As the first release of the faith based film label Slingshot Pictures, "Alleged" certainly tackles one of the largest subjects imaginable. In 1925, the Scopes "Monkey Trial" (famously depicted in Inherit the Wind) unfolded in a small Tennessee town and debated whether evolution should be allowed to be taught in public schools. A massive confrontation that pitted science against theology and two of the most famed orators/lawyers of the period (Clarence Darrow and William Jennings Bryan) against one another, the case was branded as "The Trial of the Century." I, for one, think it's an inspired idea to revisit the Scopes Trial from a modern vantage point as the play "Inherit the Wind" was written in 1955 and didn't really evoke all of the complexities inherent in the situation. But while "Alleged" does offer some insight into the background of this notorious event, it really doesn't attempt to be a definitive and comprehensive study of it either. The movie really centers on an ambitious local reporter who faces difficult decisions about his values and principles when pressed by an unscrupulous editor.
Likable Nathan West plays our intrepid young reporter, and Ashley Johnson is his equally appealing gal pal. As the Scopes trial is being engineered by local dignitaries to bring tourism and prosperity to the dying town, West also sees it as an opportunity to achieve big city success and notoriety. But at what cost? When Brian Dennehy (as Darrow) and Fred Dalton Thompson (as Jennings Bryan) square off, Colm Meaney (as Baltimore Sun editor H.L. Mencken) pushes him to dish the dirt for maximum provocation. But being enticed to the dark side has its price, and right wills out every time. The film lacks a bit of subtlety as Meaney is practically evil incarnate and the lead actors are too sweet and modernly sensible to be awarded anything but a happy ending. The film throws in a haphazard sideplot about eugenics and forced sterilization that happens to be dramatically and conveniently timed for maximum impact. It is just one of many important topics that take a backseat to the central gentle love story.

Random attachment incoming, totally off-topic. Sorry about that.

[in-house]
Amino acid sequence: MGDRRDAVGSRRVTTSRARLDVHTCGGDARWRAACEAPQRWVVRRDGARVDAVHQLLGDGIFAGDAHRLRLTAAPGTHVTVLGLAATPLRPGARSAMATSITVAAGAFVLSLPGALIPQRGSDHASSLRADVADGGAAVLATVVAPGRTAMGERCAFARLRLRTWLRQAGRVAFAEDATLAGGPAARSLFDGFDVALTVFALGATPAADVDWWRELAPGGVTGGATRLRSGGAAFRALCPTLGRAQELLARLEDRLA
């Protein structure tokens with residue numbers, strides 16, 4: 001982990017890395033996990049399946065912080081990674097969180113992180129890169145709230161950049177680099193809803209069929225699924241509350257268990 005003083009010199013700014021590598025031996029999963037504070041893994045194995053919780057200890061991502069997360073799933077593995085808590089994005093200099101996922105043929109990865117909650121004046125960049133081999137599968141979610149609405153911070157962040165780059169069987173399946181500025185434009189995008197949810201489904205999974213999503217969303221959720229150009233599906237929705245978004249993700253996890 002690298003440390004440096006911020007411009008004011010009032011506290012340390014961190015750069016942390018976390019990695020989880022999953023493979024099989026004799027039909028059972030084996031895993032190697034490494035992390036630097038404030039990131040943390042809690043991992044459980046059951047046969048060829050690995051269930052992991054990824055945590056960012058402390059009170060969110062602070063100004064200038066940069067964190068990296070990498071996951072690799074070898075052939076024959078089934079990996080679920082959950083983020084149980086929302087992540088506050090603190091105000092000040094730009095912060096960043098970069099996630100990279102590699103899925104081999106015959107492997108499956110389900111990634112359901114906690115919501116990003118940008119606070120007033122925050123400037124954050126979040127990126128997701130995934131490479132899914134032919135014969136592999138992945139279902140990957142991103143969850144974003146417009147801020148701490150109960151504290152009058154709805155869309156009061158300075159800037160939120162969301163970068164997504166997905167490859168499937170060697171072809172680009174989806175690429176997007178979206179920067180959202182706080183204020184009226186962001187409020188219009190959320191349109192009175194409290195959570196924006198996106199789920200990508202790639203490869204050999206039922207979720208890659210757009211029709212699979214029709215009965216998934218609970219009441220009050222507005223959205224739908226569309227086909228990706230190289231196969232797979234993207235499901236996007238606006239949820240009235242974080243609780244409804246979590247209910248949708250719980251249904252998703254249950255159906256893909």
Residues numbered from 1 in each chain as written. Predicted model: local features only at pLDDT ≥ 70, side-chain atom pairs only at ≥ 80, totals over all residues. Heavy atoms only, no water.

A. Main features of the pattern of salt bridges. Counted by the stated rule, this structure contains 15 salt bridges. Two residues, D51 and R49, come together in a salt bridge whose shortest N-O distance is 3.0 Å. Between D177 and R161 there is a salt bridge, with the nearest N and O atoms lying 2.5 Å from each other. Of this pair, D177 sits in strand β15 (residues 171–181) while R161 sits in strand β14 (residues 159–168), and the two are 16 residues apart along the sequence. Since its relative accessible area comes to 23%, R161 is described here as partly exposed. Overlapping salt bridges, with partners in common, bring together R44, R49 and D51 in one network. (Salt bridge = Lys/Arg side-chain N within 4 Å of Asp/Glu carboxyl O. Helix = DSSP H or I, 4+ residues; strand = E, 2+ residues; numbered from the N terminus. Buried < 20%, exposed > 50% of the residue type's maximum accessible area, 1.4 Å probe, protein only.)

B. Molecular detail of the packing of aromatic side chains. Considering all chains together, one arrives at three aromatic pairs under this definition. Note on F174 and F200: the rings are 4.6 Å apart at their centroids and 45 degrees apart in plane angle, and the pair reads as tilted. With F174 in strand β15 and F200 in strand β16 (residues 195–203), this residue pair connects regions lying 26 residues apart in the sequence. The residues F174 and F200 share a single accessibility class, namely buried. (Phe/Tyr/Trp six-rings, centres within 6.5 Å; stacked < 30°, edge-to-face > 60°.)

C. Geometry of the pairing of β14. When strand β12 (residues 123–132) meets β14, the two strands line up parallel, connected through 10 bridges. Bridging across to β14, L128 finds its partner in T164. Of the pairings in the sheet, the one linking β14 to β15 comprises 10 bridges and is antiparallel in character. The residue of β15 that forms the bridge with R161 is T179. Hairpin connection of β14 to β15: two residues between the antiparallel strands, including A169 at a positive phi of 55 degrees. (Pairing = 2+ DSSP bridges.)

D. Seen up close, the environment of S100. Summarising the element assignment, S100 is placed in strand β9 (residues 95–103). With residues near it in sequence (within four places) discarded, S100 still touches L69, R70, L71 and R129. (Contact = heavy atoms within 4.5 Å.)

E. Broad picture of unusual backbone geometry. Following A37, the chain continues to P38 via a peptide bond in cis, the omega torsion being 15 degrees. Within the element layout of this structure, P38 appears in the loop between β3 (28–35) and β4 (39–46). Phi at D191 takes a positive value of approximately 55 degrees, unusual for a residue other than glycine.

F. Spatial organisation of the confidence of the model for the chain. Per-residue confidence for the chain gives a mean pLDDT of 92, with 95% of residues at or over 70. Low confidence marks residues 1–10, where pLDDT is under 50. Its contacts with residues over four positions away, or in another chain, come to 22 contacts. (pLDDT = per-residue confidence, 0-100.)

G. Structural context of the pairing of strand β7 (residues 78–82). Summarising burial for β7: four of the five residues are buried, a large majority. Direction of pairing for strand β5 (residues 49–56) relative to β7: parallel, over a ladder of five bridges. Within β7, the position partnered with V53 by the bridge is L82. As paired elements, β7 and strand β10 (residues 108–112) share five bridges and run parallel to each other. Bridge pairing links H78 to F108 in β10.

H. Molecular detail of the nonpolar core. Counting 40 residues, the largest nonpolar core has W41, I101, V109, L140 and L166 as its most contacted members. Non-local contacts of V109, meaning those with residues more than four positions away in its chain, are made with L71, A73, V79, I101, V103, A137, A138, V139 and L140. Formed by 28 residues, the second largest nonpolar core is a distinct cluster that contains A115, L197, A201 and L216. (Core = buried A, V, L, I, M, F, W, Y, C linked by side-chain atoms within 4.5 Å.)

"Alleged" is certainly at its most effective when the trial is front and center. Dennehy and Dalton Thompson are a pleasure and their interactions with one another bring a livelihood to the proceedings. This being a family film, however, it paints a rather pretty picture of our past. Although racism is mentioned, no one in this little town seems the least bit prejudiced. Johnson's sister, in fact, is half black and there is relatively no reaction to that whatsoever (except by the evil character). Even though a certain character is slated for sterilization (as was common practice), a last minute injunction saves the day. Whew! Difficult topic over, never to be mentioned again. Few things can be more incendiary or heated than evolutionary debate, but most of the actual townsfolk don't seem to have an opinion one way or another. It's like they're gathering for an ice cream social.
Again, "Alleged" hints at a lot of topics without digging too deep. As an introduction, it's fine--but at 90 minutes (and most of that devoted to young lovers), important issues are given short shrift. The Special Features of the DVD include a Discussion Guide to be utilized in possible church or school settings. So that kind of gears you toward the targeted audience for the film and its intentions. It's all gently likable without being too challenging. I enjoyed the movie, but I still think there is a great film yet to be made that really digs into the Scopes trial in a relevant way. For my taste, the film rates about 3 1/2 stars for pleasantness. A good introduction, but strictly family fare--I'll round up for good intentions. KGHarris, 11/11.